Visit during the school holidays where there are a great number of family-friendly drop-in workshops to keep the little ones occupied and learning. Plus, you don't want to miss out on the trail that you can follow around the Museum on any day! It's great fun. The Jackfield Tile trail, along with the delightful picnic area create the perfect landscape to enjoy the atmosphere of the site to the fullest, bringing the former stabilisation work back to life. The fascinating tile trail map has been carefully devised by Craven Dunhill Jackfield Ltd and Telford & Wrekin Council for the Jackfield Stabilisation scheme a part of the Ironbridge Gorge group. Through this trail, you can visually uncover the area and its rich heritage, and there are many hidden gems along the way, all set in a beautiful idyllic location. After be sure to make use of the cute picnic area and re-landscaped slopes which are open to the public, this makes a great resting spot.
Be sure to check out the Tile Filled Galleries where you can take a delightful walk through the realistic Edwardian Tube Station, plus interact as you touch, wander, and sit on some splendid tiles, and take in the impressive Trade Show Room. Make sure to get involved and peep into the great working ceramic factory and learn about all the tile decorating techniques. On Wednesday mornings at 11am, you can join a factory tour which is always great fun and captivating. For any budding artists, too, visit Fusion which is home to several creative artists, and you can have a look at their studios, and maybe even purchase some work.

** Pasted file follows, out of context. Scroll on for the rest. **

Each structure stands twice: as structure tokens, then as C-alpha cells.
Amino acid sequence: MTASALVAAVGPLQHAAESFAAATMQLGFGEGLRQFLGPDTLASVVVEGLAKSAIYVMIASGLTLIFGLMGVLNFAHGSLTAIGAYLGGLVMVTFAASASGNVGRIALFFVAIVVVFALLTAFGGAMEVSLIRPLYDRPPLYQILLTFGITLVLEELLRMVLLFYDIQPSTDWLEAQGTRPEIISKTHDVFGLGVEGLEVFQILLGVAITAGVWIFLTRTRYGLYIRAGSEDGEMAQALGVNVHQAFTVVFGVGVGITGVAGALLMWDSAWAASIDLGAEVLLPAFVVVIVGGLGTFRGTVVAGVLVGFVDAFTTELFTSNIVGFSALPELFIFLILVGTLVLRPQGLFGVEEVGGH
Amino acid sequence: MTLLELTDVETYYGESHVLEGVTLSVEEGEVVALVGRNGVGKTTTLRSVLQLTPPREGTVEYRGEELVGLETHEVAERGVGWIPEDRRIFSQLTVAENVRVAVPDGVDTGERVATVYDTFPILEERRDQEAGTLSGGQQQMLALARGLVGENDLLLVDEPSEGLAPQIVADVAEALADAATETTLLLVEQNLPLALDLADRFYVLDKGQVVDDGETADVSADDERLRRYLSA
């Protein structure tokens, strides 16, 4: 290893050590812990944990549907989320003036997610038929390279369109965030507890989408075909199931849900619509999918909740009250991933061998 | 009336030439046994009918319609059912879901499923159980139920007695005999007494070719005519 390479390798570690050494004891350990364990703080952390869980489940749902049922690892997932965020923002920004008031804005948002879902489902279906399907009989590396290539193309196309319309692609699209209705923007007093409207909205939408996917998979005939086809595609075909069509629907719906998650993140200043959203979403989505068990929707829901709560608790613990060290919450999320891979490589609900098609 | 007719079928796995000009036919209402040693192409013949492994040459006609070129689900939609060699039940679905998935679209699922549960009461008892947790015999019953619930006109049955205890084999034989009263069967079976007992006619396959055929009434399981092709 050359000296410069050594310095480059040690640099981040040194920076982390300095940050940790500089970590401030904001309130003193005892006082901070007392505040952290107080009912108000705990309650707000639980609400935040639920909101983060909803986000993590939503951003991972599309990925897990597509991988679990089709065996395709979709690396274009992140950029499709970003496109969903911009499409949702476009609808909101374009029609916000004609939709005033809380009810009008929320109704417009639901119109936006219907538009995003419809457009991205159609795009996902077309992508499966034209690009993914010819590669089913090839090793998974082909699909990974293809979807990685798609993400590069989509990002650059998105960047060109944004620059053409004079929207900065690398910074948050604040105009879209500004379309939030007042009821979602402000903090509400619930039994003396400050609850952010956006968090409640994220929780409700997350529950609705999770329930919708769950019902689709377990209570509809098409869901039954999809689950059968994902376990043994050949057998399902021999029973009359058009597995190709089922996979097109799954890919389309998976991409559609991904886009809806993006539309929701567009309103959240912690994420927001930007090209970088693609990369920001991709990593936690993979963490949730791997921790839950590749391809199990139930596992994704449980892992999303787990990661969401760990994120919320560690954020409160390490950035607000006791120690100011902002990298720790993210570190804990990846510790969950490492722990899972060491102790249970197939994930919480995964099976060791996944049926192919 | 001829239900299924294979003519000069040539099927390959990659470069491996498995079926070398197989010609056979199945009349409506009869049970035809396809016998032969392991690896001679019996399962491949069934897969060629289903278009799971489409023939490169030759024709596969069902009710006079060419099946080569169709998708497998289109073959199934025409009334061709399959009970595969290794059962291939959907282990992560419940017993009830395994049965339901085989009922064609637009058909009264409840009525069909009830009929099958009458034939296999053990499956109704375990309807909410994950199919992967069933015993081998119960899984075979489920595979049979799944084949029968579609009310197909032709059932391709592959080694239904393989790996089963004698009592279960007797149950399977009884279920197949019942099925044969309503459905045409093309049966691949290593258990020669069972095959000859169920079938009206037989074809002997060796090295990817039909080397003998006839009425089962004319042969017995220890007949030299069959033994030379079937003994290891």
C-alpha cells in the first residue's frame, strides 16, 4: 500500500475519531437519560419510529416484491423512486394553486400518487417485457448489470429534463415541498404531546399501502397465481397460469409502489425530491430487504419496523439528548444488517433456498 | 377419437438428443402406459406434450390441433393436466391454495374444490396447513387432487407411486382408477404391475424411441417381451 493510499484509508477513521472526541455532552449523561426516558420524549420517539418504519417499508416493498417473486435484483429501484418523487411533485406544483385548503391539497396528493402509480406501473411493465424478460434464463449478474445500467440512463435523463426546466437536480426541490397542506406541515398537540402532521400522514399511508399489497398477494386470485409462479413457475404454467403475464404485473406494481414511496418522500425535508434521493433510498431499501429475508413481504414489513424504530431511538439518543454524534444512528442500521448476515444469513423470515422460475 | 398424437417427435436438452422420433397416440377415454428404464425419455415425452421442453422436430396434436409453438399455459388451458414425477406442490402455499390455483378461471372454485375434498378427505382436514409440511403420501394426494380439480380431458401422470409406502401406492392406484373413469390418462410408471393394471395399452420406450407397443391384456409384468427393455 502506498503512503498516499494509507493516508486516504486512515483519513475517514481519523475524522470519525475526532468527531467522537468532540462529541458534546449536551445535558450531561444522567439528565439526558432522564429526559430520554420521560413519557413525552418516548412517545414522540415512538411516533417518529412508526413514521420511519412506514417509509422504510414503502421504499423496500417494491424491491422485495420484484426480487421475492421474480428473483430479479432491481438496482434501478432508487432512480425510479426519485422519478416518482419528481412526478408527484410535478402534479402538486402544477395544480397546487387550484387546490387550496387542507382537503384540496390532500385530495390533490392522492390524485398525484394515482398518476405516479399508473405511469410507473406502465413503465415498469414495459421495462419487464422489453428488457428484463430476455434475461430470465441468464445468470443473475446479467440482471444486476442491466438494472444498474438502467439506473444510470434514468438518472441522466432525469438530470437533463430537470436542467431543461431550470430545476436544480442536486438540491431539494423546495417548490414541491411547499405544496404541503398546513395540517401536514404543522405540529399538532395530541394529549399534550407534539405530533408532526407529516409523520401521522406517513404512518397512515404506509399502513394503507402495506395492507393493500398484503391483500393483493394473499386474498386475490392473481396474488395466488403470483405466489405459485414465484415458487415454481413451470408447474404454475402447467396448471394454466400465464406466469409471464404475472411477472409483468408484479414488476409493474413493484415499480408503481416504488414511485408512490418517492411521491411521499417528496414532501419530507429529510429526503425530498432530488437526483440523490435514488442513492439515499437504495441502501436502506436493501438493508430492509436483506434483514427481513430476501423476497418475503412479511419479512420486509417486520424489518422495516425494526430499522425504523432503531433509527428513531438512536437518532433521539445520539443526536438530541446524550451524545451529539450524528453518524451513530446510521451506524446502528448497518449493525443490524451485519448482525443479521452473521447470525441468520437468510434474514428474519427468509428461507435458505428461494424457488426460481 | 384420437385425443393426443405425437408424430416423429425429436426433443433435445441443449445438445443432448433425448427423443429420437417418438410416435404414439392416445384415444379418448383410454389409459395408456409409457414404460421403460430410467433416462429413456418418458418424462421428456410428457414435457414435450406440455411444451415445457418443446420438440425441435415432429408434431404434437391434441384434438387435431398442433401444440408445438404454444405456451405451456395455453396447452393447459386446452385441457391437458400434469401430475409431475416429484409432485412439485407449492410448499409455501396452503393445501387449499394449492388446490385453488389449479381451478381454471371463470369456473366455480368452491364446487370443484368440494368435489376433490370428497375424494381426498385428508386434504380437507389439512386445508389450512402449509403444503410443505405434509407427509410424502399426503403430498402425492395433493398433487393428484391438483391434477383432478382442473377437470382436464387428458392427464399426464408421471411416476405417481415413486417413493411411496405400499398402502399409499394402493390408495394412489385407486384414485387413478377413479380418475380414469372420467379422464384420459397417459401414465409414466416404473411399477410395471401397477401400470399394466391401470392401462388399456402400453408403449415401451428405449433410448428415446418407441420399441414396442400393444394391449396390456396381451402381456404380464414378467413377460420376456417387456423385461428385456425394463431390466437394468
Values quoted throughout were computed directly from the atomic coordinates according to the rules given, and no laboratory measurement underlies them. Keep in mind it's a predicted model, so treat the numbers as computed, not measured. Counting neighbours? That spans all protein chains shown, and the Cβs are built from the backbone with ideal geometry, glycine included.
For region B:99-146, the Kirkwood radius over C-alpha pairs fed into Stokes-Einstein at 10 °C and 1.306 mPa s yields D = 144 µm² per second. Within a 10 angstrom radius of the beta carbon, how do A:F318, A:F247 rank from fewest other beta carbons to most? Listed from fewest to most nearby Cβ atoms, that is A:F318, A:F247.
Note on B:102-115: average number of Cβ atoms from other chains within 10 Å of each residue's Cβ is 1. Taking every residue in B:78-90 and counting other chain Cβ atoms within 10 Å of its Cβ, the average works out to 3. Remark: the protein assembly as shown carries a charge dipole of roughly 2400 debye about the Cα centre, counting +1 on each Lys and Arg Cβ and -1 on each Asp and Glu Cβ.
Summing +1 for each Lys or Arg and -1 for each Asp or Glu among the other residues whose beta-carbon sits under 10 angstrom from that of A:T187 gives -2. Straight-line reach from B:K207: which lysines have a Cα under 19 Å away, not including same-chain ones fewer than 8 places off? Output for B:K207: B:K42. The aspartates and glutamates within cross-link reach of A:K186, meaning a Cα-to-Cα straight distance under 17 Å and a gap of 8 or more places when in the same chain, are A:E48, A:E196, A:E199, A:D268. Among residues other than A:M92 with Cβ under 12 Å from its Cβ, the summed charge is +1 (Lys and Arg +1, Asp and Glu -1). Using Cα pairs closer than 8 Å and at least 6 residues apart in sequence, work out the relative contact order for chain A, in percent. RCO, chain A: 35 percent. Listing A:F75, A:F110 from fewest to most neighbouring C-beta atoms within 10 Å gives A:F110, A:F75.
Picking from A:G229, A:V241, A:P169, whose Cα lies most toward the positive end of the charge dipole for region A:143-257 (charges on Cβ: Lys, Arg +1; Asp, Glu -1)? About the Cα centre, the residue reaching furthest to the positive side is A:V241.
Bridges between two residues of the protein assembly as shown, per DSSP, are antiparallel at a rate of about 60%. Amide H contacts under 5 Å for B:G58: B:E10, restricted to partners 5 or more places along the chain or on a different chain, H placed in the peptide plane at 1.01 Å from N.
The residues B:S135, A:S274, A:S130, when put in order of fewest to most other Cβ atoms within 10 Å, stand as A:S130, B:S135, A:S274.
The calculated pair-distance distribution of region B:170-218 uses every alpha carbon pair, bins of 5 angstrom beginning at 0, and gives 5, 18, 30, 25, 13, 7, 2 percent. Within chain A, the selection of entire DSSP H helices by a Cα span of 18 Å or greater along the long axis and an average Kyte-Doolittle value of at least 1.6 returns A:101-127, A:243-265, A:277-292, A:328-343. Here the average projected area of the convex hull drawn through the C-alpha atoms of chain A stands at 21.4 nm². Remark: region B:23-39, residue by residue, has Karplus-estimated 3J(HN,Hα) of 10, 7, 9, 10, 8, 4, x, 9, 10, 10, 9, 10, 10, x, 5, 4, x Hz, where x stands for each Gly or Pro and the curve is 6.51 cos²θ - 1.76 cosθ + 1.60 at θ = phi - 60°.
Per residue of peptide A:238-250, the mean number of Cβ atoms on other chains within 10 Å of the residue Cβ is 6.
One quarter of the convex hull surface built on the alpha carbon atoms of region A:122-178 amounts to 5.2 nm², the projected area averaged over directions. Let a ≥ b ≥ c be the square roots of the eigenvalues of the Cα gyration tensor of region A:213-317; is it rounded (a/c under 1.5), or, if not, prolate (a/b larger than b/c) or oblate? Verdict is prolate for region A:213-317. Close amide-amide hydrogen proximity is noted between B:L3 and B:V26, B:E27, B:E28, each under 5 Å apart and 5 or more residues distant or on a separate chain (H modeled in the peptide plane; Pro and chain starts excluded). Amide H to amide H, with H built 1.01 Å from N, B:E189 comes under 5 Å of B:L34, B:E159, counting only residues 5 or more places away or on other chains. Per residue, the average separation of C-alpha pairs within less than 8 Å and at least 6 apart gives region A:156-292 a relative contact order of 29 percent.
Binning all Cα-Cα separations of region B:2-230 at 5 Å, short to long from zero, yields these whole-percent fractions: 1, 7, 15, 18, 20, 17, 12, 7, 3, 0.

If you're after some more great Shropshire experiences, after a day of fascinating tile history, then make sure to check out Attingham Park, a National Trust estate, home to the complete surviving collections of Regency style.
What to know before you go
- When you're feeling peckish, there is a cafe on site and wonderful areas for picnics.
- Assistance dogs are welcome to visit; other dogs are welcome at Blists Hill Victorian Town only.
- Jackfield Tile Museum is on many levels and is spread across several buildings.
- There are toilets, an accessible toilet and baby changing facilities on site.
- Most of the site is pushchair and wheelchair accessible, but if you are using a wheelchair do ask at reception for the best route, there is a lift to all floors, and some parts of the museum are outdoors with cobbled yards.
- Jackfields Tile Museum is located in Telford.
- If travelling via car, from Telford Follow B4373 to Lloyds Head for about 13 min, which is 5.6 miles, then continue on Lloyds Head and drive to Salthouse road.
- There is parking and accessible parking close to the entrance.
- If travelling by public transport, from Telford centre, you can get the number 8 bus service Telford Town Centre to Council Houses.
- The museum is on the south bank of the Severn, ensure to cross the footbridge which is at the bottom of the Hay Inclined Plane.